Akira Kurosawa

  • Akira Kurosawa – Dersu Uzala [2K Imprint Films] (1975)

    1971-1980AdventureAkira KurosawaDramaUSSR

    Dersu Uzala is the enthralling tale of an eccentric indigenous frontiersman (Maxim Munzuk) who is taken on as a guide by a Soviet surveying crew. While the soldiers at first perceive Dersu as a naive and comical relic of an uncivilized age, he quickly proves himself otherwise with displays of ingenuity and bravery unmatched by any member of the inexperienced mapping team, on more than one occasion becoming their unlikely saviour. An amazing true story based on the memoir by Russian explorer Vladimir Arsenyev.

    Filmed in the far reaches of Siberia, it took over two years for Director Akira Kurosawa to complete this timeless masterpiece of cinema which was shot in 70mm and was honoured with the Oscar for Best Foreign-Language Film in 1976.Read More »

  • Akira Kurosawa – Shûbun AKA Scandal (1950)

    1941-1950Akira KurosawaCrimeDramaJapan

    A handsome, suave Toshiro Mifune lights up the screen as painter Ichiro, whose circumstantial meeting with a famous singer (Yoshiko Yamaguchi) is twisted by the tabloid press into a torrid affair. Ichiro files a lawsuit against the seedy gossip magazine, but his lawyer, Hiruta (Kurosawa stalwart Takashi Shimura), is playing both sides. A portrait of cultural moral decline, Scandal is also a compelling courtroom drama and a moving tale of human redemption.Read More »

  • Akira Kurosawa – Hakuchi AKA The Idiot (1951)

    1951-1960Akira KurosawaArthouseDramaJapan

    After finishing what would become his international phenomenon Rashomon, Akira Kurosawa immediately turned to one of the most daring, and problem-plagued, productions of his career. The Idiot, an adaptation of Fyodor Dostoyevsky’s nineteenth-century masterpiece about a wayward, pure soul’s reintegration into society—updated by Kurosawa to capture Japan’s postwar aimlessness—was a victim of studio interference and, finally, public indifference. Today, this “folly” looks ever more fascinating, a stylish, otherworldly evocation of one man’s wintry mindscape.Read More »

  • Akira Kurosawa – Hachigatsu no rapusodî AKA Rhapsody in August (1991)

    1991-2000Akira KurosawaArthouseDramaJapan

    An elderly woman living in Nagasaki, Japan takes care of her four grandchildren for their summer vacation. They learn about the atomic bomb that fell in 1945, and how it killed their grandfather.Read More »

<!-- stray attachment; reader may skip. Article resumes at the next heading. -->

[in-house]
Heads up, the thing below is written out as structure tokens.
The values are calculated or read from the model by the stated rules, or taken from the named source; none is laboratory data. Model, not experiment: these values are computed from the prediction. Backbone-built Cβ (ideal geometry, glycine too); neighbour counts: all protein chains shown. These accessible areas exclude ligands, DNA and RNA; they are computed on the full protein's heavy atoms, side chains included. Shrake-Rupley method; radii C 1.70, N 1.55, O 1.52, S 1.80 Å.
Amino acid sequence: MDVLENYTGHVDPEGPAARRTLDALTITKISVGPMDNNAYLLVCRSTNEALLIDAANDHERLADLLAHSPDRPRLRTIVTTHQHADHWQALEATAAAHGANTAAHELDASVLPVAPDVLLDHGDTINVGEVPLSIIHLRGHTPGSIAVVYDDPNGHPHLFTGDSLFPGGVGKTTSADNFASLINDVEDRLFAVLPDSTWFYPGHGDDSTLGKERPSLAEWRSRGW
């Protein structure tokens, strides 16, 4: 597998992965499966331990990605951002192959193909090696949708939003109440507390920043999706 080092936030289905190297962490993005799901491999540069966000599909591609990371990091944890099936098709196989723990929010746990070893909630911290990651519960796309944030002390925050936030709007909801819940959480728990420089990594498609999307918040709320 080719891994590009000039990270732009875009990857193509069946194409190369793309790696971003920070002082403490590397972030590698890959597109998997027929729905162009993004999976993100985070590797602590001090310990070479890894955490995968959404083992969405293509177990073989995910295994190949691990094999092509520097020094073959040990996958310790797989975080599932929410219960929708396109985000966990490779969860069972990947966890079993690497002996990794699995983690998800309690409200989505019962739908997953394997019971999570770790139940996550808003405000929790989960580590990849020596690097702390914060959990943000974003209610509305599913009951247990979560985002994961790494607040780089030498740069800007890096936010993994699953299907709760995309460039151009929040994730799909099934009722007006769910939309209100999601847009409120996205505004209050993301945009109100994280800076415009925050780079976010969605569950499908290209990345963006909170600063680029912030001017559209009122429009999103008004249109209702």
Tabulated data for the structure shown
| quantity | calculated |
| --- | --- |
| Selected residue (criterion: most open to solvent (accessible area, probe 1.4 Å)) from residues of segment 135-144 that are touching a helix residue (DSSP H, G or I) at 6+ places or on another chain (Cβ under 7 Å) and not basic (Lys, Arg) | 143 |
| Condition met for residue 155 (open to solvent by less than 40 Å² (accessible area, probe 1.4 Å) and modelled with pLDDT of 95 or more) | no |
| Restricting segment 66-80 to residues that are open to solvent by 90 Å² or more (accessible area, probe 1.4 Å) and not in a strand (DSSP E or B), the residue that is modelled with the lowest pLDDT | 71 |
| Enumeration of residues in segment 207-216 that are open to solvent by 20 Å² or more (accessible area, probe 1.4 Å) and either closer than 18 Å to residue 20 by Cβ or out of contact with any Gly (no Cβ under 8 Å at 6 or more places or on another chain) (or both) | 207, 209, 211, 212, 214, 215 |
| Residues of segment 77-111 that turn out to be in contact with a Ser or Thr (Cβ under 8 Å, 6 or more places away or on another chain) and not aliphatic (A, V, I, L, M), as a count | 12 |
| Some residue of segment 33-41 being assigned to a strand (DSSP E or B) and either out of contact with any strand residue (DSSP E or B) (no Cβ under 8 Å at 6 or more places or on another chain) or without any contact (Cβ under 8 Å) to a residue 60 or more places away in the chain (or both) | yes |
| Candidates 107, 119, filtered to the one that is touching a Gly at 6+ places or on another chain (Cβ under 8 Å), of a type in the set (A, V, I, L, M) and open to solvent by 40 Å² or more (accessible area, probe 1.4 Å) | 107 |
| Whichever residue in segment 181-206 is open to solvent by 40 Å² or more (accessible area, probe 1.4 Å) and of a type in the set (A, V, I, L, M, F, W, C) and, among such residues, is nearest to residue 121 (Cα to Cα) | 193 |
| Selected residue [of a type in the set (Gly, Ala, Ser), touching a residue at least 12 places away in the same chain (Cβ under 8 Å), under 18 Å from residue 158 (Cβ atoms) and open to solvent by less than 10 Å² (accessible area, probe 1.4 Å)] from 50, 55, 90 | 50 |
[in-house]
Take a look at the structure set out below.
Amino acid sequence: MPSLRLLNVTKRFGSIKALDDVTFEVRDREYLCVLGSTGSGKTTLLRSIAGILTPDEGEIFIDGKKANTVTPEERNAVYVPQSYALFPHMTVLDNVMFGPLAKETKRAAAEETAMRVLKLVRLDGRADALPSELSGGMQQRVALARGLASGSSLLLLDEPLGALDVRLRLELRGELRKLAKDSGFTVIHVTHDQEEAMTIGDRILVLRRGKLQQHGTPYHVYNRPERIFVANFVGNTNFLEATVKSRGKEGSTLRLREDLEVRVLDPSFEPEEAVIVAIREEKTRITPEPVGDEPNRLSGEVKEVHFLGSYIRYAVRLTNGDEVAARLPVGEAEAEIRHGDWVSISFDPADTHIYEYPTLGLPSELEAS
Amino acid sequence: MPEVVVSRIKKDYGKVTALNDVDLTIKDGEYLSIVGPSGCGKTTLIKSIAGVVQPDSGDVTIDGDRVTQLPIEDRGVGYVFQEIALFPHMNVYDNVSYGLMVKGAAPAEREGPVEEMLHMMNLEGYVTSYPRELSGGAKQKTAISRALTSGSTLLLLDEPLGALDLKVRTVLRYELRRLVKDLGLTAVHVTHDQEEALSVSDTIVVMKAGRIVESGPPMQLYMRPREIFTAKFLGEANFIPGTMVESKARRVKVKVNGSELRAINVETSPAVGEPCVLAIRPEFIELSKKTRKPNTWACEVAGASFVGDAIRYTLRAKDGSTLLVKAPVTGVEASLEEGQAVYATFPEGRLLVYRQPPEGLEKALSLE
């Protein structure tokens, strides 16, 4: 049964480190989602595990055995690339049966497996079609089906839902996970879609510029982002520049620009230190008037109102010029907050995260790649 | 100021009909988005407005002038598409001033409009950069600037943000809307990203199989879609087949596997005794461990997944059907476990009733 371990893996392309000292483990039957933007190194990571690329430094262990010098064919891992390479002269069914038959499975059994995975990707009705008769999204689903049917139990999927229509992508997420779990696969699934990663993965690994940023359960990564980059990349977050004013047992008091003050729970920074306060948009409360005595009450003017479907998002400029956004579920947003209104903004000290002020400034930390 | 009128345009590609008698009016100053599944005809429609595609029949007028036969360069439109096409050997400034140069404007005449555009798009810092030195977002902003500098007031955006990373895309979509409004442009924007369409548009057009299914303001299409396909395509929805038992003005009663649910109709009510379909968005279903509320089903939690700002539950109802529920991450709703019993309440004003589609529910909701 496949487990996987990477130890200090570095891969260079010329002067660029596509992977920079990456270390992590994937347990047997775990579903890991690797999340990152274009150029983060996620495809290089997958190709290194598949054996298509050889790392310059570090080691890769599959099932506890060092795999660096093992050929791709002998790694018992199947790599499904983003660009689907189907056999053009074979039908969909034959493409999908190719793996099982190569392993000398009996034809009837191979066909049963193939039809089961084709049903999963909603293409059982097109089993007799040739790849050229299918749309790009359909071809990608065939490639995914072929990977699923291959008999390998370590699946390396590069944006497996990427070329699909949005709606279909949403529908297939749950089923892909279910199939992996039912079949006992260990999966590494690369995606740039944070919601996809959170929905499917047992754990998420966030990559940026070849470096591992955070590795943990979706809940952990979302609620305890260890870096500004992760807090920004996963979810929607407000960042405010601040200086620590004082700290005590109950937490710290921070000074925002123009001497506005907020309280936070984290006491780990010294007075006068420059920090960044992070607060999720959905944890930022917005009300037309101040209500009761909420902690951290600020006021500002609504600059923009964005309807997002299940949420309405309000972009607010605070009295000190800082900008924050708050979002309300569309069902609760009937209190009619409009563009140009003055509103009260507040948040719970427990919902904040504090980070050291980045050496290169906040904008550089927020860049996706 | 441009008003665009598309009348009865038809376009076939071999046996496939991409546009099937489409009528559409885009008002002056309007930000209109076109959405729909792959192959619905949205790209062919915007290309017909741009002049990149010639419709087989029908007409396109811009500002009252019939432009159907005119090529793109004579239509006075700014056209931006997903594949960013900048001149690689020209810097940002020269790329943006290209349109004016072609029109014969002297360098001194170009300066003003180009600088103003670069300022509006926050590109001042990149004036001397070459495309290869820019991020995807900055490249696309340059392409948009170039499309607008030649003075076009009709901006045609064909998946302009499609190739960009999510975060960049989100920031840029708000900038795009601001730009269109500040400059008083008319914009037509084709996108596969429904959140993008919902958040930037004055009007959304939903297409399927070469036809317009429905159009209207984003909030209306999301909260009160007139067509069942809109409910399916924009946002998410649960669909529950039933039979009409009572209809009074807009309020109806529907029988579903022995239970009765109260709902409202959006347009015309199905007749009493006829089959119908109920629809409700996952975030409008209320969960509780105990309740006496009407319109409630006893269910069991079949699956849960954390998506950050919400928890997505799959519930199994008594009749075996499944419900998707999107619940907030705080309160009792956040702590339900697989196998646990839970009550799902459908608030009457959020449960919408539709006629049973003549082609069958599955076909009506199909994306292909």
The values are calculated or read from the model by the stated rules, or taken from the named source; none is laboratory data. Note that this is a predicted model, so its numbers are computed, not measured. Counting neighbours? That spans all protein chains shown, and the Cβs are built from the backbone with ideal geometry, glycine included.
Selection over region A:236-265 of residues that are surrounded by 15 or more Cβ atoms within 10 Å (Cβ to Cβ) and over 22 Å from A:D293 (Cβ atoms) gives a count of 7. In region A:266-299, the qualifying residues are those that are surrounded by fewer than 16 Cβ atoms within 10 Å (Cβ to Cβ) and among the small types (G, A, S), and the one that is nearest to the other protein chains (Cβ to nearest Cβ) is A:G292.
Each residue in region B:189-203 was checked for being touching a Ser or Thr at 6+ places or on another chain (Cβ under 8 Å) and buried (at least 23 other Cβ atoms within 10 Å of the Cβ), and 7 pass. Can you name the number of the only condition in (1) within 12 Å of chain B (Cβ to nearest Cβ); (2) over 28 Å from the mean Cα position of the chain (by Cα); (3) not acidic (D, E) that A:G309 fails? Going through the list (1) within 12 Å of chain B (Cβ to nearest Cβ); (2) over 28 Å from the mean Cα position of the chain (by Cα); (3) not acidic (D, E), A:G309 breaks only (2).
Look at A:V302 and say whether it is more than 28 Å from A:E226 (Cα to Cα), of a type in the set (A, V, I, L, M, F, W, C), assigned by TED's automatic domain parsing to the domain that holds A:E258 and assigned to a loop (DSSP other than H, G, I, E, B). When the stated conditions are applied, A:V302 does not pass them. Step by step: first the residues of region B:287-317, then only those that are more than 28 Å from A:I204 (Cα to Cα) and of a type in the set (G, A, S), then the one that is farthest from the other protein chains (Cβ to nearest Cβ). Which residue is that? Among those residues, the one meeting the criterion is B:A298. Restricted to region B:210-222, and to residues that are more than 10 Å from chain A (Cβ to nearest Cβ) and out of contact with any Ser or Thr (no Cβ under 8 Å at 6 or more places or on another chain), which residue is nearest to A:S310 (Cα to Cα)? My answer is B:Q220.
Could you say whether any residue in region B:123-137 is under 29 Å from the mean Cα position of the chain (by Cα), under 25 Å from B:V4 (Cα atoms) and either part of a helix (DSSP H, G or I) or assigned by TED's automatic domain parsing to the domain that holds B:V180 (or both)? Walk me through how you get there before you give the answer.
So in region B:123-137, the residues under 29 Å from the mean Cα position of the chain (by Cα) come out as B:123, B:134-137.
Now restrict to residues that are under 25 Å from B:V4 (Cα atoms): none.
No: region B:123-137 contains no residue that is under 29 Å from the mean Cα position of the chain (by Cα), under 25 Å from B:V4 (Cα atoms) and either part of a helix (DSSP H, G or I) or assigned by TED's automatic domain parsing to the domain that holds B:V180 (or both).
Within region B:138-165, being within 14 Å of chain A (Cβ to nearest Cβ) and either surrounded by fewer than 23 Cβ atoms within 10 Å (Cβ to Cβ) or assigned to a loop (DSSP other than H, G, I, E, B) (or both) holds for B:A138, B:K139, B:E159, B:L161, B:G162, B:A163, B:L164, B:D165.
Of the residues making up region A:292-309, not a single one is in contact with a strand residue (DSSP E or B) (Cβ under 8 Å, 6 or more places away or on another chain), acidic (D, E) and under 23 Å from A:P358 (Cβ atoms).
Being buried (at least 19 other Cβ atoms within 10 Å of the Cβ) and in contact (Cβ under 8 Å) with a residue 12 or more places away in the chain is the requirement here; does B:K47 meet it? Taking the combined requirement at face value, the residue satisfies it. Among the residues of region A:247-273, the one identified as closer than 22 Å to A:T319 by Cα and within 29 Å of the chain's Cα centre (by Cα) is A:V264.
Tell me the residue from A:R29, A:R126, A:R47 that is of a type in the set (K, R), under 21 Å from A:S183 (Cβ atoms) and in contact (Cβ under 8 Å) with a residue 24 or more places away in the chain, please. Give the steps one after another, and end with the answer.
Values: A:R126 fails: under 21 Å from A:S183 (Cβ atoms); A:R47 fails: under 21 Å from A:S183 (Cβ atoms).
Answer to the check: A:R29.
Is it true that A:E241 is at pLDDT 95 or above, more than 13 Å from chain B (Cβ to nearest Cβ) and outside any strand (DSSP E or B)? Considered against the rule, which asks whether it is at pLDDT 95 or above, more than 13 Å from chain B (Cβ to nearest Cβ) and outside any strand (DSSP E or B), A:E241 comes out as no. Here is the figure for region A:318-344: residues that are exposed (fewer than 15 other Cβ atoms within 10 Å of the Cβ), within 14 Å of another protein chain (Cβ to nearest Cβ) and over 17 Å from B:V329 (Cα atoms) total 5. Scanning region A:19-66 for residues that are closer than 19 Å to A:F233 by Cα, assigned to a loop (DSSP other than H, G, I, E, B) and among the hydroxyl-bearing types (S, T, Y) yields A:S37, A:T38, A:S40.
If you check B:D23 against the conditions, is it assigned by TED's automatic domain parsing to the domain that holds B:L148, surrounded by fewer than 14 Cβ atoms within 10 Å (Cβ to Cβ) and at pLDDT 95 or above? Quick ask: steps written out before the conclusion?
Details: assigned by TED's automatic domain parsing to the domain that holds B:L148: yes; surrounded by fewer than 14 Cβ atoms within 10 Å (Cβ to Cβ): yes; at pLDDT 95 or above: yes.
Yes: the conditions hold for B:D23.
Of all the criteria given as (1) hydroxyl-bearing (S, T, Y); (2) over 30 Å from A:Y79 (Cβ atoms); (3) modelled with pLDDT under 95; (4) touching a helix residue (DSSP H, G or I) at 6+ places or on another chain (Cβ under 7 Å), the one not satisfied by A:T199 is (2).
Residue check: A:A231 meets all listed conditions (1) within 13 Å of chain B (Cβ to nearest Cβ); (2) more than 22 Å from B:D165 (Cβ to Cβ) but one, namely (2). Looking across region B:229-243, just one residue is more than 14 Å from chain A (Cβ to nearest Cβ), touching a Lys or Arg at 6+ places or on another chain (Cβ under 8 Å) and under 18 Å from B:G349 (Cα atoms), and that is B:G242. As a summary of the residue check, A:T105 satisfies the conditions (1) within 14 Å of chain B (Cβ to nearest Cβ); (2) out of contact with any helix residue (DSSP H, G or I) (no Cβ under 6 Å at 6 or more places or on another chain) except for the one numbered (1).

• Akira Kurosawa & Ishirô Honda – Mâdadayo (1993)

    1991-2000Akira KurosawaDramaIshirô HondaJapan

    How does a director whose work has long been characterized by its vibrancy deal with the subject of aging and death? With extraordinary patience and grace, it turns out. Madadayo is the last film Akira Kurosawa completed before his death in 1998, and it feels like the work of an artist aware that his time was nearing its end. (The fact that the 1993 film is only now receiving a video release in America after an extremely limited theatrical run doesn’t speak well of current attitudes toward elder greats.) The theme of aging recurs throughout Kurosawa’s later efforts, but never as explicitly as here; even the King Lear-based Ran has other concerns. Read More »

  • Akira Kurosawa – Rashômon (1950)

    1941-1950Akira KurosawaClassicsDramaJapan

    This landmark film is a brilliant exploration of truth and human weakness. It opens with a priest, a woodcutter, and a peasant taking refuge from a downpour beneath a ruined gate in 12th-century Japan. The priest and the woodcutter, each looking stricken, discuss the trial of a notorious bandit for rape and murder. As the retelling of the trial unfolds, the participants in the crime — the bandit (Toshiro Mifune), the rape victim (Machiko Kyo), and the murdered man (Masayuki Mori) — tell their plausible though completely incompatible versions of the story.Read More »

  • Akira Kurosawa – Dodesukaden AKA Dodes’ka-den AKA Clickety-Clack (1970)

    1961-1970Akira KurosawaDramaJapan

    Various tales in the lives of Tokyo slum dwellers, including a mentally deficient young man obsessed with driving his own commuter trolley.Read More »

  • Akira Kurosawa – Kumonosu-jô AKA Throne of Blood (1957)

    Akira Kurosawa1951-1960DramaEpicJapan

    A vivid, visceral Macbeth adaptation, Throne of Blood, directed by Akira Kurosawa, sets Shakespeare’s definitive tale of ambition and duplicity in a ghostly, fog-enshrouded landscape in feudal Japan. As a hardened warrior who rises savagely to power, Toshiro Mifune gives a remarkable, animalistic performance, as does Isuzu Yamada as his ruthless wife. Throne of Blood fuses classical Western tragedy with formal elements taken from Noh theater to create an unforgettable cinematic experience.Read More »

  • Akira Kurosawa – Tora no o wo fumu otokotachi AKA The Men Who Tread on the Tiger’s Tail (1945)

    1941-1950AdventureAkira KurosawaClassicsJapan

    The Men Who Tread on the Tiger’s Tail, the fourth film from Akira Kurosawa, is based on
    a legendary twelfth-century incident in which the lord Yoshitsune, with the help of a group of samurai, crosses enemy territory disguised as a monk. The story was dramatized for centuries in Noh and Kabuki theater, and here it becomes one of the director’s lightest, most farcical films.Read More »

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